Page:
Also, I hadn't read the OC Weekly link before I posted. I still don't have a horse in this race, but man, is that supposed to be journalism? They "cracked down" on bloggers? They're a "dingbat" family? If what they did was wrong, then it shouldn't be hard to illustrate that by laying out the facts.
posted by snofoam at 5:53 AM on February 17, 2011


Unfortunately what needs to happen is that Kelly and Eric need to publish the book mentioned on the OC weekly and it needs to go to court.
posted by melissam at 5:59 AM on February 17, 2011


In fact, it appears their original application to trademark the term “Urban Homestead” was denied based on the fact that it’s a generally descriptive term open to use by anyone. You can track the entire application process for their trademark of “Urban Homestead” here. You can also see here that on Dec 9, 2008 their original application was refused because “Many entities provide a variety of print and online publications and services on the same subject matter.” In order to execute their trademark application, they had to go back and show evidence that they had “acquired distinctiveness” through exclusive (which we know to be untrue) and extensive (which is not deniable) use of the term. What I don’t understand is why the application was approved in the end; even though they could show extensive use, they certainly couldn’t demonstrate exclusive use of the term.
posted by melissam at 6:00 AM on February 17, 2011


gingerest, you've never given hamsters matches, I take it ?
posted by k5.user at 8:24 AM on February 17, 2011


This reminds me of a story I heard on This American Life a few years ago. There was some non-profit startup in Topeka KS called Love Thy Neighbor involved in massive lawsuits and grar with some established non-profit in Orlando FL called Love Thy Neighbor. (Those locations are probably erroneous because this is a years-old memory.)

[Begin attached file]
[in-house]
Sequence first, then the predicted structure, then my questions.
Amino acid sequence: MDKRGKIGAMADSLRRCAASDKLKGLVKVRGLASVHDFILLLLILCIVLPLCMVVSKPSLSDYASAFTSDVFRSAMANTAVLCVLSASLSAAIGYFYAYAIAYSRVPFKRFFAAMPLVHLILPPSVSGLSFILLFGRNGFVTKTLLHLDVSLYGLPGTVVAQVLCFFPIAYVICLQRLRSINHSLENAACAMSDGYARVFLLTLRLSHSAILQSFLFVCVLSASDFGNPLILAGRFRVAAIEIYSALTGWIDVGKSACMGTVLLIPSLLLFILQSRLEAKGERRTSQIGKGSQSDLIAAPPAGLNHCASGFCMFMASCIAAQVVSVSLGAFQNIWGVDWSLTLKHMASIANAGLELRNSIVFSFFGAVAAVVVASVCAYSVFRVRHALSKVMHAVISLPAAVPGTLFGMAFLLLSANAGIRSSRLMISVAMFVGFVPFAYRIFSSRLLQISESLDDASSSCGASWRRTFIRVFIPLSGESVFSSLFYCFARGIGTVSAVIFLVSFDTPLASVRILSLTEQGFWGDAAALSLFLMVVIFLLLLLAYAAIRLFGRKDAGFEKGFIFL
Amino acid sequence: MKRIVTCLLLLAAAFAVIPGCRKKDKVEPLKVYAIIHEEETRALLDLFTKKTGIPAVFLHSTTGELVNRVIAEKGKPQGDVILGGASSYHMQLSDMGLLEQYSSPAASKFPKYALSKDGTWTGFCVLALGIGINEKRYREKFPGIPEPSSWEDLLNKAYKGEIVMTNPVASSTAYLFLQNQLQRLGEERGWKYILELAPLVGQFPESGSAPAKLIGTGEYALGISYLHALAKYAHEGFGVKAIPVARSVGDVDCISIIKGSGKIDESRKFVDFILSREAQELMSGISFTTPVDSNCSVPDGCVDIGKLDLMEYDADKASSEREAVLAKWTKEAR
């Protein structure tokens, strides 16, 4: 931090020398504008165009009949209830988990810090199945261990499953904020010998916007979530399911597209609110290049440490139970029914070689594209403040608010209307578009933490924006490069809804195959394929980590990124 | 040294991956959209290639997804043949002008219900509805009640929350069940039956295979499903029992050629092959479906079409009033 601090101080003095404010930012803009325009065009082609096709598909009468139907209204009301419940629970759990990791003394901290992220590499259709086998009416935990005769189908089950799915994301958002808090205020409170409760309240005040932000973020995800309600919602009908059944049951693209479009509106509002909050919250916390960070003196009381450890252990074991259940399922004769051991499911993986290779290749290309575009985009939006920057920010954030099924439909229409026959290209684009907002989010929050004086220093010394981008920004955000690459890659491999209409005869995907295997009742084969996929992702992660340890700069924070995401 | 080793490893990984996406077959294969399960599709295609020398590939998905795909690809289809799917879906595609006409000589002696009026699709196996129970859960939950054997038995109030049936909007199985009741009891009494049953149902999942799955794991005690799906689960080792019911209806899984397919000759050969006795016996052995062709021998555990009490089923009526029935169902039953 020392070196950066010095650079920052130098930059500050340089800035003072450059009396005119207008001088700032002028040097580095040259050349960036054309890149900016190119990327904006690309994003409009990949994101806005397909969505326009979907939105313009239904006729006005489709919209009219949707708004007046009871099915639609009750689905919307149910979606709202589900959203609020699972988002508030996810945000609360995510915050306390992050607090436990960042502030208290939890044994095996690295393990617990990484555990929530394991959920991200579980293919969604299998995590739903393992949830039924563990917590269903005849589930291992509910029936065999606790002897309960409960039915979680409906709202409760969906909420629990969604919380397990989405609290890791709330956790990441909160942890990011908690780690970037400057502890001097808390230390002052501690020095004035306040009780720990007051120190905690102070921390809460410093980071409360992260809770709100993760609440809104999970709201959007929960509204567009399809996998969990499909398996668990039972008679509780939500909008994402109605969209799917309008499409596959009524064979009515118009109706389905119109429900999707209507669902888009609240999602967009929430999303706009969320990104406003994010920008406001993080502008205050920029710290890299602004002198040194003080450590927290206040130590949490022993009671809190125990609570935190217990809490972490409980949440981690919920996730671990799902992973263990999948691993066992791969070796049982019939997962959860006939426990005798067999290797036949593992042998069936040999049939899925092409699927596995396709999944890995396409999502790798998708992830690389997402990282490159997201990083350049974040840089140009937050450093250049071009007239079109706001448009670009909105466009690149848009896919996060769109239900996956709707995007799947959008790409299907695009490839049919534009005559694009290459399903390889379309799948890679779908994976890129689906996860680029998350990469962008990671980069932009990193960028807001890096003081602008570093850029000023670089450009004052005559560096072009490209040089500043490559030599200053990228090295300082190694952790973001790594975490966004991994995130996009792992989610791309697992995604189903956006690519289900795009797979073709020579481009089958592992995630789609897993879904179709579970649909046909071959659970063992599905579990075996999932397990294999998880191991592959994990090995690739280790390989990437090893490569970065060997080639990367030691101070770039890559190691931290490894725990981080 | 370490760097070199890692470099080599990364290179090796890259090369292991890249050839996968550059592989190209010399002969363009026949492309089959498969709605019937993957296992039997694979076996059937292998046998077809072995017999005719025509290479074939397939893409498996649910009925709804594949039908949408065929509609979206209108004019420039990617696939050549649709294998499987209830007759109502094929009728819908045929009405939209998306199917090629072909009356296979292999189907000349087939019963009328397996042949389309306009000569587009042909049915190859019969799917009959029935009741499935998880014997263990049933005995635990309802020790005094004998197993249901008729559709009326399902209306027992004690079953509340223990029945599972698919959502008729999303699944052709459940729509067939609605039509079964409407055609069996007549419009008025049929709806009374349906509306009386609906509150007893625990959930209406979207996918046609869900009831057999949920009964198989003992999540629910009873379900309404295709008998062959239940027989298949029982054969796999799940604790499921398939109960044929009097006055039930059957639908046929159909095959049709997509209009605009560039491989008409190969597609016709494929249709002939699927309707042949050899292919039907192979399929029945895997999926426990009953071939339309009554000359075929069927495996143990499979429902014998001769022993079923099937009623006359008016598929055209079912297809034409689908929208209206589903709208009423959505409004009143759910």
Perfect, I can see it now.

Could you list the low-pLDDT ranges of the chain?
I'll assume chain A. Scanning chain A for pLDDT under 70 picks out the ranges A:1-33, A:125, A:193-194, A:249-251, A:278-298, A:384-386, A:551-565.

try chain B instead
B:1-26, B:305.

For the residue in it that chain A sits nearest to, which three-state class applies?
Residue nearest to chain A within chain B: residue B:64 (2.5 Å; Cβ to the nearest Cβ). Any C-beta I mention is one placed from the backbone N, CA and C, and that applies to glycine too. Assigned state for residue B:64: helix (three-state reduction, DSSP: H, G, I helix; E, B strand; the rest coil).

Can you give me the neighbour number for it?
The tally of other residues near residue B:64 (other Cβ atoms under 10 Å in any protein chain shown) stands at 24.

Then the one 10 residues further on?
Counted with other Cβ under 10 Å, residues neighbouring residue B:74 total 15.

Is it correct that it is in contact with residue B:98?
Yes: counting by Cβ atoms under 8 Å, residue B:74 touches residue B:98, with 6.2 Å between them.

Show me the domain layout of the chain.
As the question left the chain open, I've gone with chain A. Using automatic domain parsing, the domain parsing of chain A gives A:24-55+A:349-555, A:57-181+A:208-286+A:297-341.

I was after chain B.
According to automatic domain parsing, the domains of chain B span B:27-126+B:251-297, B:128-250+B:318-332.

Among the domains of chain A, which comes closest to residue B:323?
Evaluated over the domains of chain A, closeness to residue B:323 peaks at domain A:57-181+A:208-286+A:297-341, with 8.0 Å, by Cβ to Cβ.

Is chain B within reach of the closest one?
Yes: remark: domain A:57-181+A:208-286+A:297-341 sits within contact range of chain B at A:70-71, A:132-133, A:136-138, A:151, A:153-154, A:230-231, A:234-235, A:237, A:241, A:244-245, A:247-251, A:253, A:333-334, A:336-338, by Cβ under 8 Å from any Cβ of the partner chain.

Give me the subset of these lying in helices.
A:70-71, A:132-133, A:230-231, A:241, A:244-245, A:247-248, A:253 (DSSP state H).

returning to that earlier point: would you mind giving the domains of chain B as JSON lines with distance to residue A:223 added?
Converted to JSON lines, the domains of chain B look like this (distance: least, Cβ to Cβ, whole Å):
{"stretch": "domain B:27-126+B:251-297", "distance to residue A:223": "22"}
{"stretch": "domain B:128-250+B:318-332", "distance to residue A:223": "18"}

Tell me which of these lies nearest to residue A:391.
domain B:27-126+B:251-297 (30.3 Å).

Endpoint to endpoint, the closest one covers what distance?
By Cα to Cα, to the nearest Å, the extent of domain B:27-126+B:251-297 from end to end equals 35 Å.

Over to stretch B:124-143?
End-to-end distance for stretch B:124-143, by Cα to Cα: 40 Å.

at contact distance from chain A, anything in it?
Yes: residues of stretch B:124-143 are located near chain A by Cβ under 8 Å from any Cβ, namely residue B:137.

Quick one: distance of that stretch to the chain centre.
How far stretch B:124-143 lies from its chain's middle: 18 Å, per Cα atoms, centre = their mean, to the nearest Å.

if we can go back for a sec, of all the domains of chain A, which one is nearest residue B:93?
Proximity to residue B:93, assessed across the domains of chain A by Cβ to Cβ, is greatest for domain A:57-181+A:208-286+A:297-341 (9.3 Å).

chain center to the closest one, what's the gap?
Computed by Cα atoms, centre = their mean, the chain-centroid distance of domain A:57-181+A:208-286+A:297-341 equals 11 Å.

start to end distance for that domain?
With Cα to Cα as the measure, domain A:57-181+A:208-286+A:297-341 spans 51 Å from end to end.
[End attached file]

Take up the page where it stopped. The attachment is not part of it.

The story was hilarious.
posted by bukvich at 12:12 PM on February 17, 2011


Now in techdirt
posted by melissam at 5:26 PM on February 17, 2011


I think it's funny that they're sending out letters asking people not to dilute their trademarks while their own site encourages people to dilute their trademarks:
USAGE IN A SENTENCE “My neighbors’ urban homestead is so productive, they’re able to live entirely on food they grow themselves.”
...
USAGE IN A SENTENCE “Their urban homesteading started with a small vegetable garden, but over time they become so self-sufficient that the family could sustain itself in the middle of the city without working any outside jobs.”
That's from their Urban Homestead Definition page, and it sure looks to me like they're telling people to use it as a generic term, counter to the letters they sent out.

These clowns need better lawyers. Or, better yet, to knock it the hell off.
posted by hades at 12:22 PM on February 18, 2011


Just because people are into things which are cool doesn't mean they can't also be idiots. Unfortunately.
posted by Horatius at 9:06 PM on February 18, 2011


The Electronic Frontier Foundation has taken up the case.
posted by melissam at 11:09 AM on February 21, 2011